Uitleg van John Hopkins uit Congleton bij foto parade 24 mei 1941 door Congleton:
1. It was probably taken with an excellent camera, lens and timing, perhaps by the Chronicle photographer of those days who, if I recall correctly, was Ernest J Pedley.
2. The Bandmaster, de Groot, and Big Drummer, Cornelius, are instantly recognisable.
3. To judge from the crowd of onlookers, the occasion was somewhat special and not one of the routine training marches which, as I think I remarked earlier, I used to follow round the country lanes on my bicycle. I would then be about 9 or 10 years old. See also the Union Jack flags outside the shop on the right which was probably that of Tom Warrington’s butcher’s, an old established trading family in the Town. The size of the crowd and the two strands of bunting across the street also suggest a special parade.
4. I don’t know how many men of the Dutch Brigade were billeted in the Town. It seems clear that the first group of troops in FSMO (from my limited military experience - “Full Service Marching Order”) were in that brigade, but perhaps not those in the rear in standard every-day military dress. It is possible that there were the local Home Guard but too many in number, I should think, to be simply the Congleton contingent.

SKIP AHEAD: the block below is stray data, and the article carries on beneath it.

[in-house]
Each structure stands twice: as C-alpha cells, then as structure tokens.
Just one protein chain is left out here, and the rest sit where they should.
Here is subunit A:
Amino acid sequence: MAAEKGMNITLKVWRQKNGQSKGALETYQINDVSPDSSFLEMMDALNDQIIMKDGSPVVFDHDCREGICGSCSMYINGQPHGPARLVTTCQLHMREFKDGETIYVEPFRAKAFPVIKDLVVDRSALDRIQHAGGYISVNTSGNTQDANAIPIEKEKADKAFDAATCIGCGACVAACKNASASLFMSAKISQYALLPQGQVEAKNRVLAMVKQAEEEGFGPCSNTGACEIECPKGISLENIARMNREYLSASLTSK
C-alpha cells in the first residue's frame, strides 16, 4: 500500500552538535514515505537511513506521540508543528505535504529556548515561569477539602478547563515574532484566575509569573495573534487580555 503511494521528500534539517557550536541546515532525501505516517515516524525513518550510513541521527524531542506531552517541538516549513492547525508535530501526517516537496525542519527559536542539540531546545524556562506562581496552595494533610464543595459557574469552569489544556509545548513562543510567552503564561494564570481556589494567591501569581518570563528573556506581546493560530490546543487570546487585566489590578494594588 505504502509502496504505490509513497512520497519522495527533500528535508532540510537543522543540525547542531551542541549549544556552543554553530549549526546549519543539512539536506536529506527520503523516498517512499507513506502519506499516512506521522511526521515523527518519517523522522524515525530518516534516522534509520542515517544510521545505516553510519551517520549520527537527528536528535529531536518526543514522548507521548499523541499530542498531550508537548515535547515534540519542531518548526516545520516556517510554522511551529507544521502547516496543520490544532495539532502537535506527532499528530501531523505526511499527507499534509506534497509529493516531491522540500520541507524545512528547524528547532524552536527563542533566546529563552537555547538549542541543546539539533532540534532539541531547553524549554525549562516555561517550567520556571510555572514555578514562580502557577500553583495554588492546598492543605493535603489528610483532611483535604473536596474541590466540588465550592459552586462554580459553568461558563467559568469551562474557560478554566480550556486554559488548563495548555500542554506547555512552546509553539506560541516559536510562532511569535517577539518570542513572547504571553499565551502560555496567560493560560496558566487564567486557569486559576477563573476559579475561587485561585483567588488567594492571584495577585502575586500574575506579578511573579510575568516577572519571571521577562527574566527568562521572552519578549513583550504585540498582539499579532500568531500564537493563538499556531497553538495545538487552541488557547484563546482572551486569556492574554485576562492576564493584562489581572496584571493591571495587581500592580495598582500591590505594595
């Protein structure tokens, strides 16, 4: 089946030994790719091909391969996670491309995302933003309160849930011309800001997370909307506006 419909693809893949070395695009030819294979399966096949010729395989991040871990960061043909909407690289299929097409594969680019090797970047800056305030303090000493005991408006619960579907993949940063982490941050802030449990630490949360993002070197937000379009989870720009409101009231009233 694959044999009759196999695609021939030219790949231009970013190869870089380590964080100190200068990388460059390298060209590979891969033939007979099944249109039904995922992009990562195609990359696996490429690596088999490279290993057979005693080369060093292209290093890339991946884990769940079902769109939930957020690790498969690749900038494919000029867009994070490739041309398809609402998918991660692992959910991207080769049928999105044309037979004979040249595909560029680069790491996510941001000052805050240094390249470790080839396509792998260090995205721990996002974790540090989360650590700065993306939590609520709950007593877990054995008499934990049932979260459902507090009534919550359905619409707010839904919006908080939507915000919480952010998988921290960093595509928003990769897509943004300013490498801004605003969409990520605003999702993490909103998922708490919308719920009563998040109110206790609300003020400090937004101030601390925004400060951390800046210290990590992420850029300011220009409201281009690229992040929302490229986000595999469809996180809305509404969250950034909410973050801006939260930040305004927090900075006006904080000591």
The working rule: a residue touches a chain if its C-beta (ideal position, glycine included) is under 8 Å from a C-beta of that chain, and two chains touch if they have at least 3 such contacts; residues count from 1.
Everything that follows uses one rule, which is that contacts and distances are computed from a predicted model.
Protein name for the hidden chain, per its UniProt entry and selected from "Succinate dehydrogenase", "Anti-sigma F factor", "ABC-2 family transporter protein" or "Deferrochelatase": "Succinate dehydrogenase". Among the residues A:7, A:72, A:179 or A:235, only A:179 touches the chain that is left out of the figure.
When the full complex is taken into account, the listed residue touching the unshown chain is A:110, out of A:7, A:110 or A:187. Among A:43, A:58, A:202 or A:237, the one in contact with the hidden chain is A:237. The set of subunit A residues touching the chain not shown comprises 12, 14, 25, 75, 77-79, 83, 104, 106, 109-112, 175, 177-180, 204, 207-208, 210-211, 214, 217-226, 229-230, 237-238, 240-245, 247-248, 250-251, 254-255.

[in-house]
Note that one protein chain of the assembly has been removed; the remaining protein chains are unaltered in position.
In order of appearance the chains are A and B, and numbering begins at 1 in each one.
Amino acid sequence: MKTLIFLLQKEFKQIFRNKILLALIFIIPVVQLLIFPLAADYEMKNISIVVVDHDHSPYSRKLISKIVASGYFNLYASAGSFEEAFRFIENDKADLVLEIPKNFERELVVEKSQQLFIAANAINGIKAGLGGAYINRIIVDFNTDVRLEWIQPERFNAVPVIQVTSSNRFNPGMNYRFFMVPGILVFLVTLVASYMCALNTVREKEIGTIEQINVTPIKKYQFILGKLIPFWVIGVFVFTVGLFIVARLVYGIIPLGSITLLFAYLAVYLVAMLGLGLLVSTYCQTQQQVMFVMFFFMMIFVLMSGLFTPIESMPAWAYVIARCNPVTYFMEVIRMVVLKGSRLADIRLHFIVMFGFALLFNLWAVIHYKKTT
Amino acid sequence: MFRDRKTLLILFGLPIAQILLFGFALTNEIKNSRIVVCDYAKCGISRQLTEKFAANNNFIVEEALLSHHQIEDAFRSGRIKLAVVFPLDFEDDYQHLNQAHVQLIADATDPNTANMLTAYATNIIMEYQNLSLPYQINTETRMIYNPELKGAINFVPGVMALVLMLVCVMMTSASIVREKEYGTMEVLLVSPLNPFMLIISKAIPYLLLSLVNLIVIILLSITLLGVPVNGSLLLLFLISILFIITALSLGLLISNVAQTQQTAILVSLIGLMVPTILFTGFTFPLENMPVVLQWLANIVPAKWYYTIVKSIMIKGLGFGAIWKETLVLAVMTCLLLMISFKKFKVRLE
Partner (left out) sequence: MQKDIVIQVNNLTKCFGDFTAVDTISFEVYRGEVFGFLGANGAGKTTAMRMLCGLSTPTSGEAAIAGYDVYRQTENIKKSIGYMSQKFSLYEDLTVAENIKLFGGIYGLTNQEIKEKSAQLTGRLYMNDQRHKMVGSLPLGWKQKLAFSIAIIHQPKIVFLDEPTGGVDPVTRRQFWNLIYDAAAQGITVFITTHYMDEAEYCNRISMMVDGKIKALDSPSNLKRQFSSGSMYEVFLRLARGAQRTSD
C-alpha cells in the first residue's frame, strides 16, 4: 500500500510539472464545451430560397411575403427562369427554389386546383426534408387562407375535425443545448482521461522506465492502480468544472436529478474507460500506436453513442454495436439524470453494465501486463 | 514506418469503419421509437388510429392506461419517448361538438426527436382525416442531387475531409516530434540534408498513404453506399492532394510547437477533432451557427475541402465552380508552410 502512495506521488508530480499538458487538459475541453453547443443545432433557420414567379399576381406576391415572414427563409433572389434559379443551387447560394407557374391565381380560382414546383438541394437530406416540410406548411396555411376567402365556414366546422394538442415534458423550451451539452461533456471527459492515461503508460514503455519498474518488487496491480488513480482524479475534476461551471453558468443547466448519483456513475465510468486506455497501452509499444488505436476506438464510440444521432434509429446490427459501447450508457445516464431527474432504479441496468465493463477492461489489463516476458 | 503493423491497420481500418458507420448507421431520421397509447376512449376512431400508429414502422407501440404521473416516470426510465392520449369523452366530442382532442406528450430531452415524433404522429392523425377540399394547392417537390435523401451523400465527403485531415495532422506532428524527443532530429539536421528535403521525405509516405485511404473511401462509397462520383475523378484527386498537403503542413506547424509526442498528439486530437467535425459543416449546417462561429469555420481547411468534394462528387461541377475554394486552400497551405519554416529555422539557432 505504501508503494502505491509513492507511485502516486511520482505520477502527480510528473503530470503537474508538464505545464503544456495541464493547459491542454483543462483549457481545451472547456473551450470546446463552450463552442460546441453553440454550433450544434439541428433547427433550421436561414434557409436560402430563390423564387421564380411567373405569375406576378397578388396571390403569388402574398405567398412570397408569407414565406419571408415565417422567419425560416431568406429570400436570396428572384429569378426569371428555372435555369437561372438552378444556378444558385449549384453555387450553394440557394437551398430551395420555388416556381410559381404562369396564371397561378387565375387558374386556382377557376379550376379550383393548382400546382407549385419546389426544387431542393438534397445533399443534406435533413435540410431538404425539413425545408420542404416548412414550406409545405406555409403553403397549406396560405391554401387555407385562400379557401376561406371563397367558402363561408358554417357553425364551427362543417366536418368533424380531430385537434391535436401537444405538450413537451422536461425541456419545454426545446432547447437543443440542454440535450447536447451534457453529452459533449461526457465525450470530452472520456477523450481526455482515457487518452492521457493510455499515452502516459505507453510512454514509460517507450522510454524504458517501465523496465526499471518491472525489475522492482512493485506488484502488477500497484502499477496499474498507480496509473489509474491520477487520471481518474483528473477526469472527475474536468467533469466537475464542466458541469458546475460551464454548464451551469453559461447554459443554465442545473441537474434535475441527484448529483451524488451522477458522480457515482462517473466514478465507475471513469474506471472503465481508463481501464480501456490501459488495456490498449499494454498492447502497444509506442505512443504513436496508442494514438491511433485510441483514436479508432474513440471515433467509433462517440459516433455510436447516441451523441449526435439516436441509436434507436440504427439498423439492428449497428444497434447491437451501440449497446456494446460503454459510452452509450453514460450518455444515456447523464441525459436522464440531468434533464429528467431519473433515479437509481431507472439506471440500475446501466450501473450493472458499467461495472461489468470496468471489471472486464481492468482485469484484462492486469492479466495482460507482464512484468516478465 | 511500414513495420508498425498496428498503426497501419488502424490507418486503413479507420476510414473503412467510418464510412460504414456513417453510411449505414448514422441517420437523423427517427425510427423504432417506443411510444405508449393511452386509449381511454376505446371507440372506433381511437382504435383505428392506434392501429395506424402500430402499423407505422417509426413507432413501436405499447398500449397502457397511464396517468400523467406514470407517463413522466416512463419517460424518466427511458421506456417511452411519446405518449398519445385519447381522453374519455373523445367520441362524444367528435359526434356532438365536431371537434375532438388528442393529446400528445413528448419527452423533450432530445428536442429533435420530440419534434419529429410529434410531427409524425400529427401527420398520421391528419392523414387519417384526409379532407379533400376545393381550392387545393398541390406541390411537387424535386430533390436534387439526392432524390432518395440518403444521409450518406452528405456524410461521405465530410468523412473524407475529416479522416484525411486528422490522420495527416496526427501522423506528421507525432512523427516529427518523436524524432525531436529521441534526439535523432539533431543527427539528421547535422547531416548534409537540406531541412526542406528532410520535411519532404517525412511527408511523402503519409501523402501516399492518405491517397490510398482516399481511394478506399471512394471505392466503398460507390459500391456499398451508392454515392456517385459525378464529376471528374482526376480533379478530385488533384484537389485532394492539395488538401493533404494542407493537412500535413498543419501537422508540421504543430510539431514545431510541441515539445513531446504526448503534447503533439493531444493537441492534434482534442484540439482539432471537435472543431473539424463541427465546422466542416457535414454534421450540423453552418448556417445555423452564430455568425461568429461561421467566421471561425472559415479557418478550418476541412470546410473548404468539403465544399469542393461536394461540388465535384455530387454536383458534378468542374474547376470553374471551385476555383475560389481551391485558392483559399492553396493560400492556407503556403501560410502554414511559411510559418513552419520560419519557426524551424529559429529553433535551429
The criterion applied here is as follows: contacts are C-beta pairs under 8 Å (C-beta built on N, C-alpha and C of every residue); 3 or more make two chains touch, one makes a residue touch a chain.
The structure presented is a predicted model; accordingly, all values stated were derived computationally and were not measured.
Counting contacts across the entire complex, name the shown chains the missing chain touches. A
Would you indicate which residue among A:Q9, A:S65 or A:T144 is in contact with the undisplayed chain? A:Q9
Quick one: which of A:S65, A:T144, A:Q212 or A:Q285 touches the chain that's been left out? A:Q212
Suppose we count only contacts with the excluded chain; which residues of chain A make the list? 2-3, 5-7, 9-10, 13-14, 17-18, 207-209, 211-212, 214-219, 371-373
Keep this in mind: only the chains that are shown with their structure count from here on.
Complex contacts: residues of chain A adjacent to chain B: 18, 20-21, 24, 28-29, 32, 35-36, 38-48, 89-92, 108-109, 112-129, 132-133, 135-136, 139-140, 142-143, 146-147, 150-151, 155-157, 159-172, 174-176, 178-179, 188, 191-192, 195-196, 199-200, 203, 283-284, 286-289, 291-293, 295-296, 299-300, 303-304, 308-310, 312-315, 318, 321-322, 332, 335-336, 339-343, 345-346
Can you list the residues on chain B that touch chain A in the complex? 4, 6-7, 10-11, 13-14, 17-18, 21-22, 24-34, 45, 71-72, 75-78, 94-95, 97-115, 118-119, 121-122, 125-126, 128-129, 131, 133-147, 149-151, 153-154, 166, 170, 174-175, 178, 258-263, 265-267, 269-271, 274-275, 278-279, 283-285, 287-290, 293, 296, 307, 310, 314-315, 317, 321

5. The location and times are very well known to me and the photo brings back many memories. The band is in Bridge Street, the rearmost soldiers in Duke Street (don’t ask), and still emerging from Mill Street. If you look at the rear-most officer (?) marching alongside the troops in standard dress, directly on his right is Little Street. Pretty exactly on his left is the newsagent’s shop where I lived throughout these times, from 1937 to 1946. Thus, I had a front row position for every event in the main street and, possibly, am in the photo just outside the shop or at an upstairs window.